The Tsaatan community are supported through the TCVC - Tsaatan Community Visitors Centre based in Tsagaan Nuur. Although you will have a Darkhad guide, we make sure we follow the guidelines set out by the Tsaatan Community and Visitors Centre (TCVC) on how to make sure our visits to the Tsaatan community are of benefit to all. Between us we make sure that your visit to the Tsaatan benefits them financially but respectfully and culturally as well.

The Tsaatan are strongly tribal and have a unique way of interacting with the outside world. As a result, we must be very delicate how we interact with them. We will work hard to make sure your visit is not considered intrusive by the Tsaatan into their private lives.

The taiga is not a tourist camp but rather the home of an active, thriving community that wishes to sustain their way of life within a sensitive ecosystem. If your expectation is to be entertained or to have luxurious accommodations, the taiga is not the place for you.

Before taking out your camera, you are asked to introduce yourself and ask permission to take pictures. It is considered very rude to see a visitor riding into camp with their camera out, snapping pictures of people and reindeer as though the camp is a museum exhibit.

After you have introduced yourself, you still must ask permission from individuals when taking their picture or pictures of their animals.

Please respect people’s requests if they refuse to have their picture taken, particularly with regards to sensitive subject matter such as a shaman conducting a ritual.

We never offer group trips to the Tsaatan as we feel this creates too much of an environmental and cultural impact. Typically we only offer one or two private trips per year.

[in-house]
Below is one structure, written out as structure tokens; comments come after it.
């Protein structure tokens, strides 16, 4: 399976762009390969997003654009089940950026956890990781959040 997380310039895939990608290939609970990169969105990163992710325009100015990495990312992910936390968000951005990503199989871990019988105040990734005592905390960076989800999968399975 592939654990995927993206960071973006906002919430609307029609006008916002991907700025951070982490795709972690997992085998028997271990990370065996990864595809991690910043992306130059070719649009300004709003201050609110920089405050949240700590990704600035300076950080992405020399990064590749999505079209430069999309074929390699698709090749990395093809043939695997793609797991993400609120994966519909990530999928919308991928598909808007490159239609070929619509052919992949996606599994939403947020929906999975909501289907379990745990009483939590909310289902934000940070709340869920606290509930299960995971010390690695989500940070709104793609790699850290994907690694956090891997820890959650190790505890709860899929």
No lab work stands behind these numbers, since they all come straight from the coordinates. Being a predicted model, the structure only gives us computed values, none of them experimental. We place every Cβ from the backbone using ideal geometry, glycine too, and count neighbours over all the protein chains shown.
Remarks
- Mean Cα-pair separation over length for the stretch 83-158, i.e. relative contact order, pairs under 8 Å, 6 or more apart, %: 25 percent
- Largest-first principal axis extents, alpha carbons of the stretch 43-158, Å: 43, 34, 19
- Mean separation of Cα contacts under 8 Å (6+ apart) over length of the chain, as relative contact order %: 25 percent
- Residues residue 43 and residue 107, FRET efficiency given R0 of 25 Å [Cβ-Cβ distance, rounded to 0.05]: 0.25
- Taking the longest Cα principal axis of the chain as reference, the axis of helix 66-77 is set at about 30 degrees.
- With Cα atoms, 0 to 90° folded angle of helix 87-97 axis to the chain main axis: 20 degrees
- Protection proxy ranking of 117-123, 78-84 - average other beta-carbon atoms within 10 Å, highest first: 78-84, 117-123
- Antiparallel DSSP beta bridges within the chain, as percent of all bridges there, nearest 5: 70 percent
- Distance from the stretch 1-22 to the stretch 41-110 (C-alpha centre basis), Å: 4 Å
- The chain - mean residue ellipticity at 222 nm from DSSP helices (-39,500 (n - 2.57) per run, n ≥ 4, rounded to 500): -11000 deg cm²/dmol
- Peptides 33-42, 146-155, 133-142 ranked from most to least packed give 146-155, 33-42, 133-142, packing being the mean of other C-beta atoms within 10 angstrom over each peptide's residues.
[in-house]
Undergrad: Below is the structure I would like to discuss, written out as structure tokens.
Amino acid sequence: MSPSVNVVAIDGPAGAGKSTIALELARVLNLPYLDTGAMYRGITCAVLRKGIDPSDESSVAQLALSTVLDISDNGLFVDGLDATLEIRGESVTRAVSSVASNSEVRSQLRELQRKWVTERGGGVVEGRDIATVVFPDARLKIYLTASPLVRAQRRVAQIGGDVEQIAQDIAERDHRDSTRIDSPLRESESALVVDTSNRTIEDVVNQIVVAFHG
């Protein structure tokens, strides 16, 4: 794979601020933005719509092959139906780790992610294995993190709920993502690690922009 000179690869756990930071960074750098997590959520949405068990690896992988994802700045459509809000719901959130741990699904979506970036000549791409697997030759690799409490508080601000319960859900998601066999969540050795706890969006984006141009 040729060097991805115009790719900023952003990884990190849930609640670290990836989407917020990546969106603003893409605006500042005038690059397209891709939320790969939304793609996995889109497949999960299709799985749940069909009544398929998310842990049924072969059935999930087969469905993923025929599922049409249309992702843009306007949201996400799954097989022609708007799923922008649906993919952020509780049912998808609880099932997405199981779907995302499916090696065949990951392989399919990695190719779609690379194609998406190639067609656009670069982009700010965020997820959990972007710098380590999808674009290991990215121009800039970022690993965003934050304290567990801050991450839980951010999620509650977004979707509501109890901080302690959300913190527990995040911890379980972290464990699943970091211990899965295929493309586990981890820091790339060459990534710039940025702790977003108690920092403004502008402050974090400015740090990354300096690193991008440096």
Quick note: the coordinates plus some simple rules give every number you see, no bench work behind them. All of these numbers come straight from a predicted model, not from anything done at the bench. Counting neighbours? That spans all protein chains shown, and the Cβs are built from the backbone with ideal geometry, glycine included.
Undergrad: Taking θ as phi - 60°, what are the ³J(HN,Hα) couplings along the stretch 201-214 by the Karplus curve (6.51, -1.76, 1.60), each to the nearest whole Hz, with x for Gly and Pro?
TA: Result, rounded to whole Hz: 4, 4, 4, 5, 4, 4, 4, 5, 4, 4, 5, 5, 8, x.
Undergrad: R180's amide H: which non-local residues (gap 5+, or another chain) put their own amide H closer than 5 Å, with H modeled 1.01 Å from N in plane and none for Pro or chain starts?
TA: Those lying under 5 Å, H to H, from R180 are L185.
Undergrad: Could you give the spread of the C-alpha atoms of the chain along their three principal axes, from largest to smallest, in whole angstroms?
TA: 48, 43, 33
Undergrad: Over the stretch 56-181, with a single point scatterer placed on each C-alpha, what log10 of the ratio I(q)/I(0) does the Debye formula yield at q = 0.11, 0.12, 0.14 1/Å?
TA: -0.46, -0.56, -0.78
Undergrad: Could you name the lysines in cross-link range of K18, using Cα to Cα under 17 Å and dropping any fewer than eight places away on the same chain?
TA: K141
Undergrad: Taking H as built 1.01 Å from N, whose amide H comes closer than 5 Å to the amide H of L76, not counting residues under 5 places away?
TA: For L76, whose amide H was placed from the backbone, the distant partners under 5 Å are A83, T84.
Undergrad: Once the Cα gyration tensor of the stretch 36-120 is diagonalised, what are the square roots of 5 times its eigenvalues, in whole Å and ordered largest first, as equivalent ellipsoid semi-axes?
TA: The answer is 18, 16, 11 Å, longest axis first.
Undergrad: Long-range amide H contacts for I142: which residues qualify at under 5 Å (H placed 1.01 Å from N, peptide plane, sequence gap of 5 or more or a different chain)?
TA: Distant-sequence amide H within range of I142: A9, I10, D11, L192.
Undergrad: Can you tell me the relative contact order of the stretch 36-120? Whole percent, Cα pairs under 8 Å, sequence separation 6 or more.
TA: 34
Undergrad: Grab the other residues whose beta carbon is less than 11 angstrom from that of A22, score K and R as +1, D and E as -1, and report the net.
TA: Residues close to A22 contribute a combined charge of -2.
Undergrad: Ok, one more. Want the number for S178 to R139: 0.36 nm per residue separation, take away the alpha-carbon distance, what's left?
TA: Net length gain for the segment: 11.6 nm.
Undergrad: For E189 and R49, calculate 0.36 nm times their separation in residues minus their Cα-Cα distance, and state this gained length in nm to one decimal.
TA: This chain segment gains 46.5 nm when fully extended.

We pay a fair price for all accommodation provided by the Tsaatan. We do not ask the individual families to provide meals using their limited resources. Your trip assistant will prepare meals herself for you but we will share our food with the Tsaatan families.

Any visits to a shaman are conducted only on days marked in the Mongolian Lunar Calendar when shamans would be conducting a ceremony. To do so outside of these days, would be a contrived experience.

Also, these are real people with real lives to lead and at no point do we ask the families to change their way of life for our/your own benefit or comfort. If they don’t have a shower, neither will you! (Don’t panic!…see below!). We ask our guests to try and embrace (!) and enjoy any differences that they come across in Mongolia. Experiencing the differences is all part of any trip and makes it a more authentic and positive holiday for you and a more respectful and enjoyable experience for the locals as well.

One example of this is our use of the local town shower houses. Very few families have access to running water from a tap. We do as the locals do and use the local town shower houses such as the one in Kharkhorin. They’re a great way to meet members of the local community but it also means we do not put too much pressure on local resources. In the words of author Jack Weatherford in Genghis Khan and the Making of the Modern World – ‘Compared to the difficulty of daily life for the herders, living permanently in those areas, ours were only the smallest of irritations.’

I have even written my own guide to the culture and traditions of Monoglia - researched over the 11 years I have lived and worked in Mongolia. You receive this guide on your arrival into Mongolia as a way of preparing you for your experience.

Ulaanbaatar

You’ll start off in Mongolia’s capital city. Read a guidebook or a travel forum and frequently Ulaanbaatar is overlooked. But, it's home to roughly 45% of Mongolia's population and this alone means that it should be experienced. We don't offer a tour of museums or souvenir shops but a day spent walking through the local areas of the city. What’s it like to live there? What kind of communities exist? What are the challenges? My aim is that you experience all aspects of Mongolian culture - rather than just those highlighted by guidebooks.